Is Happiness the Right Measure of Social Progress? [Audio]
Speaker(s): Professor Lord Richard Layard, Professor Lord Robert Skidelsky | In his book, Happiness (recently updated), Richard Layard argues that the best societies are those with the most happiness and the least misery. Public policy should be made on this basis. Robert Skidelsky has many reservations. They debate the issue. Richard Layard is Emeritus Professor of Economics at the London School of Economics, where he was, until 2003, the founder-director of the Centre for Economic Performance.
Politics in 60 seconds. Party whips
Professor Philip Cowley defines a polical concept in 60 seconds for those with a spare minute to learn something new. This videocast focuses on the role of the party whips. Warning: video does contain bloopers and out takes. May 2010 Suitable for Undergraduate study and Community education Professor Philip Cowley, Professor of Parliamentary Government, School of Politics and International Relations Professor Philip Cowley is Professor of Parliamentary Government at The University of Notting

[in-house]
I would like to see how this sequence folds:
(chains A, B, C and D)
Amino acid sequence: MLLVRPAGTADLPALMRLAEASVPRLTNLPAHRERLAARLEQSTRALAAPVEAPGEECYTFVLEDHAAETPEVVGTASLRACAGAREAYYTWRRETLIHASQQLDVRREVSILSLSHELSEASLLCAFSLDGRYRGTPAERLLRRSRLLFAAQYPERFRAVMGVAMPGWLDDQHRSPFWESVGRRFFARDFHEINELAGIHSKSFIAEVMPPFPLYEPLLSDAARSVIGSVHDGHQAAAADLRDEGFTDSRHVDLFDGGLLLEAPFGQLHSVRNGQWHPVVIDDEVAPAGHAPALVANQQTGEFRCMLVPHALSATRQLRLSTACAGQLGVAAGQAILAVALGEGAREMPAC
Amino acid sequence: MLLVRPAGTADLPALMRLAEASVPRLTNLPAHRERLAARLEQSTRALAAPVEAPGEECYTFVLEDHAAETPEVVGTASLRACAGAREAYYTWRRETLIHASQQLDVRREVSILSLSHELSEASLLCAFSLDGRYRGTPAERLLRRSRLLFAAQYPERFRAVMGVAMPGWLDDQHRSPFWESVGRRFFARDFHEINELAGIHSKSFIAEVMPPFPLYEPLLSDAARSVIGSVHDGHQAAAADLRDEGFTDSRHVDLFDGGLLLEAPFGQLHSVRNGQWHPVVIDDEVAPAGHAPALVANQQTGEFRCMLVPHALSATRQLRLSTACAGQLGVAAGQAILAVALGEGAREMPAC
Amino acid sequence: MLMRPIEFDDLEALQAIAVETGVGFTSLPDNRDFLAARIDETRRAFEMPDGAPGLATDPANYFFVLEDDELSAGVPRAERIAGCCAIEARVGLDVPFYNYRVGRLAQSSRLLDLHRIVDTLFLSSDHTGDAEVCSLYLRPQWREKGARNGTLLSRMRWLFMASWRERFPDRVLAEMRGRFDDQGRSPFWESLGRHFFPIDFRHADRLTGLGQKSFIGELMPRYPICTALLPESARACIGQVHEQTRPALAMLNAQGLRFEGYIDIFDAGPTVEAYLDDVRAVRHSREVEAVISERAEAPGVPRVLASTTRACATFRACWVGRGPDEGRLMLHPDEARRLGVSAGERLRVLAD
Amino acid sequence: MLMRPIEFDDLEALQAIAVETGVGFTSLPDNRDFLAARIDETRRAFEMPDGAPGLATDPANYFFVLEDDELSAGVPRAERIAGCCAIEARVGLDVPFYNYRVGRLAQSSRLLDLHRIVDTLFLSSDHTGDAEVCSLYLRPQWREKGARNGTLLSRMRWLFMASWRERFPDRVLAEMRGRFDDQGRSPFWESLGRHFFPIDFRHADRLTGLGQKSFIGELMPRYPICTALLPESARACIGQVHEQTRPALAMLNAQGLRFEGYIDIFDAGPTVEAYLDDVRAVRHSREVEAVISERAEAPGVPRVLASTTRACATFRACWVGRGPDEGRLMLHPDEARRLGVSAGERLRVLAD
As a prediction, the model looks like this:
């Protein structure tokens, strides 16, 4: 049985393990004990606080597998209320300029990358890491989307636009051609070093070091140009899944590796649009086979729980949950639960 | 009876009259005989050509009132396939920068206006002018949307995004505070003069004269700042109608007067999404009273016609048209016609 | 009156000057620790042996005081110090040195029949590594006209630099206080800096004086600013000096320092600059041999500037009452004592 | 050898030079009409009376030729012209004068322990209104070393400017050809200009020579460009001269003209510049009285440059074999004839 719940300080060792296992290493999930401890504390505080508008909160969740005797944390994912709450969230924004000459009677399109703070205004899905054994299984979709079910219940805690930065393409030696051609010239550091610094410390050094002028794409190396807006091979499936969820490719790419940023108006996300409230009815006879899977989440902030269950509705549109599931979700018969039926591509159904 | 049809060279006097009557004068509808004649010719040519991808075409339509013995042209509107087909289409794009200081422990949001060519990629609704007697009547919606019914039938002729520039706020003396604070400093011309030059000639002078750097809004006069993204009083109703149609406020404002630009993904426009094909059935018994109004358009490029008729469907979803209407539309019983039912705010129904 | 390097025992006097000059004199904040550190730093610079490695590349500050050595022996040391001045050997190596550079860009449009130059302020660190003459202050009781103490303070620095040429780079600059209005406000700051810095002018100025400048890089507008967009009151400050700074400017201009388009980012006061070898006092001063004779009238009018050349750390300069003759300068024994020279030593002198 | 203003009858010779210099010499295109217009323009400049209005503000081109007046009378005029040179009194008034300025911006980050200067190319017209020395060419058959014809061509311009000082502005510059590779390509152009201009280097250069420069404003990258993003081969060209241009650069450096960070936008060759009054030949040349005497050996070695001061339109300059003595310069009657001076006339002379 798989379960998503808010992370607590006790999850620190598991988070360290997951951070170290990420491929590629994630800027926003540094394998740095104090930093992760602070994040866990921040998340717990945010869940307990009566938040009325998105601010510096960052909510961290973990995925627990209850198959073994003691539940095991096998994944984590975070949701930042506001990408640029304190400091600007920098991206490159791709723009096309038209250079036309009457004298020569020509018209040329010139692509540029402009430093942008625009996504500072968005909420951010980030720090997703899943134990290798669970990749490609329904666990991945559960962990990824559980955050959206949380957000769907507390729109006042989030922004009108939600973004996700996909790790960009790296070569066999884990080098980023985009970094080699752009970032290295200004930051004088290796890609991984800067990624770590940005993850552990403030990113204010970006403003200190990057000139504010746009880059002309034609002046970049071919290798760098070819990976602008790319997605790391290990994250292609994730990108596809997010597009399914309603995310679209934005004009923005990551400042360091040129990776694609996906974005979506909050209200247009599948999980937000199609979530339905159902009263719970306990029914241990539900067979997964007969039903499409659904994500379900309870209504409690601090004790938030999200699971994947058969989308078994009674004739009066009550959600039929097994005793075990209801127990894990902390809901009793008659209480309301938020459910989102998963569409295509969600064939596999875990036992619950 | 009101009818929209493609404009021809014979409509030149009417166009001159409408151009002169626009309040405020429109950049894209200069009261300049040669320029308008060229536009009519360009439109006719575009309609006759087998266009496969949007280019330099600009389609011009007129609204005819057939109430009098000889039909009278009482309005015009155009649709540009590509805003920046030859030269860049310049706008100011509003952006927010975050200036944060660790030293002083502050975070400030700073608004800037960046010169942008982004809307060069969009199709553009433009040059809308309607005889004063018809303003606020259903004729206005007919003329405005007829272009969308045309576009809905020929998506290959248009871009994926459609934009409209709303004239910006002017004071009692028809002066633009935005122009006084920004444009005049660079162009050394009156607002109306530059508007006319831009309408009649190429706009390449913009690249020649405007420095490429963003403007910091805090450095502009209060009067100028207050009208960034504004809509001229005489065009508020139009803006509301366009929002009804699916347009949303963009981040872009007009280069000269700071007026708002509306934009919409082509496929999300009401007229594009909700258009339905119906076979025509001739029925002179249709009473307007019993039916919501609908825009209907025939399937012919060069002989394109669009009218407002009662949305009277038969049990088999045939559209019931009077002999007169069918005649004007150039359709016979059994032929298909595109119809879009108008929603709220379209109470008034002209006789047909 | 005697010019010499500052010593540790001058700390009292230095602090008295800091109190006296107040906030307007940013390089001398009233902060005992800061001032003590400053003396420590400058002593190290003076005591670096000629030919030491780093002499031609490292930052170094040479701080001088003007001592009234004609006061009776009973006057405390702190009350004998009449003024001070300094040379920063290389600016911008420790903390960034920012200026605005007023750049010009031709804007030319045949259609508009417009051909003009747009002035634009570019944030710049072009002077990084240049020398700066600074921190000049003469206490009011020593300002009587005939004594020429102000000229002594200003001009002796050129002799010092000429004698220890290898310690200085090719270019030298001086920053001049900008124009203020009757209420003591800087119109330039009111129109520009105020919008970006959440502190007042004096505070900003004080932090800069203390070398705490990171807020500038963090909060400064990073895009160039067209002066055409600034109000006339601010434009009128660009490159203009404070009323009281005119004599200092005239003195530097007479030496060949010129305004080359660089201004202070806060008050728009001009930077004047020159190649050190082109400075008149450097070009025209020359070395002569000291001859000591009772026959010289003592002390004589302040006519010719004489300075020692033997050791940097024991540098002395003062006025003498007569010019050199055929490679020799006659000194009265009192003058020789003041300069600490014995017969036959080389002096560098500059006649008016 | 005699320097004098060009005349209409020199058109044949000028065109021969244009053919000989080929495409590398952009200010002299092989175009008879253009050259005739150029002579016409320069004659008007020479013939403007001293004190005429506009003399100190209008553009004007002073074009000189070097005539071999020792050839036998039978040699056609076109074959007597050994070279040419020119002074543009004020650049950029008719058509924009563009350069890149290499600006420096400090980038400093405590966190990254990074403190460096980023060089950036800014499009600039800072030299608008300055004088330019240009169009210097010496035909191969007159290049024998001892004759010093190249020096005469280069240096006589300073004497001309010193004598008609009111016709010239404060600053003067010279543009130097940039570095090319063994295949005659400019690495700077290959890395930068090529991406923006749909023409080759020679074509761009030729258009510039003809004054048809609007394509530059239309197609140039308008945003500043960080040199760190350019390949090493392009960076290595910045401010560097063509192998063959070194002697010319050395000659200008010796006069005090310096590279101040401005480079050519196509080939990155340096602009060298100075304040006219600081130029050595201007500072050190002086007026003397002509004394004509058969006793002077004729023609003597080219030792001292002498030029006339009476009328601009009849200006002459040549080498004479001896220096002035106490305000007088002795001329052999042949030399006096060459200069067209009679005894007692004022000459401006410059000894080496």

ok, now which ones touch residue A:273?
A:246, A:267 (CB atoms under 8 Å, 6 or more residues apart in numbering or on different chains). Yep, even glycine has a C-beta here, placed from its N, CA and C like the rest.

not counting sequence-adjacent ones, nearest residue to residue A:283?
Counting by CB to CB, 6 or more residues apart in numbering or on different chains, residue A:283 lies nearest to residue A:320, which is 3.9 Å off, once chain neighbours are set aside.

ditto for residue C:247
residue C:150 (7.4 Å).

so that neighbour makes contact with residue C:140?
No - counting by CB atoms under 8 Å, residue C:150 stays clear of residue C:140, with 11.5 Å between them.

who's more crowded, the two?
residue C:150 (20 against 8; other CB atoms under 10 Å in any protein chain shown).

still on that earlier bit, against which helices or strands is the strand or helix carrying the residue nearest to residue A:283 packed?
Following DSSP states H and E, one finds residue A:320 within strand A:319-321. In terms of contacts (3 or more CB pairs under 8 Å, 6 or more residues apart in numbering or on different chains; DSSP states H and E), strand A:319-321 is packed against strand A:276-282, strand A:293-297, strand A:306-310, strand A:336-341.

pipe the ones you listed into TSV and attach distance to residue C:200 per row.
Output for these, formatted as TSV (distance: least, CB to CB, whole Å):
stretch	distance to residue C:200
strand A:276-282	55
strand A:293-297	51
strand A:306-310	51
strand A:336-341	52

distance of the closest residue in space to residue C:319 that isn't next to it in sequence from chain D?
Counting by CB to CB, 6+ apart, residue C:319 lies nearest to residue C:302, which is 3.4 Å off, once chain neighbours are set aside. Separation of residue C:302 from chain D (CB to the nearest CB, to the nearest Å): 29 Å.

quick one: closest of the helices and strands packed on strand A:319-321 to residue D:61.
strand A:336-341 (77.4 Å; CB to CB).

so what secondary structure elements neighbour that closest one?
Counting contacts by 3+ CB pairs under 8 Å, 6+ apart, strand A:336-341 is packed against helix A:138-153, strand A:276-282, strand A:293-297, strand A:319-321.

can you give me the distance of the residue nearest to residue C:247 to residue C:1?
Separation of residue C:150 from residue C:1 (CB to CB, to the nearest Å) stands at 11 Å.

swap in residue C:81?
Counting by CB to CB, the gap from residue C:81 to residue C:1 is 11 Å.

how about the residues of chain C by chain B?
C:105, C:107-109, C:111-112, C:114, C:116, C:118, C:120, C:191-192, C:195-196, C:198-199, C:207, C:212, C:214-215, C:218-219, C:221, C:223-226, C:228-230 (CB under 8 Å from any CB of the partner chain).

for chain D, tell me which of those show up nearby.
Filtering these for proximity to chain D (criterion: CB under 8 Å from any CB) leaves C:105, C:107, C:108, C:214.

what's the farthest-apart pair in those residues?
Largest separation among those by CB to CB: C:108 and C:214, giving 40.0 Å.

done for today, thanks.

Interfacial Control in OPV Devices
By: icamp2012school Dana Olson, National Renewable Energy Laboratory
Virtual Maths, Shapes Space and Measure, Surface of a semi cylinder template
Diagram and template for using a semi-cylinder to calculate area
21F.414 German Culture, Media, and Society (MIT)
The topic for Fall 2006 is short film and radio plays. This course investigates current trends and topics in German literary, theater, film, television, radio, and other media arts productions. Students analyze media texts in the context of their production, reception, and distribution as well as the public debates initiated by these works. The topic for Fall 2006 is German Short Film, a popular format that represents most recent trends in film production, and German Radio Art, a striving genre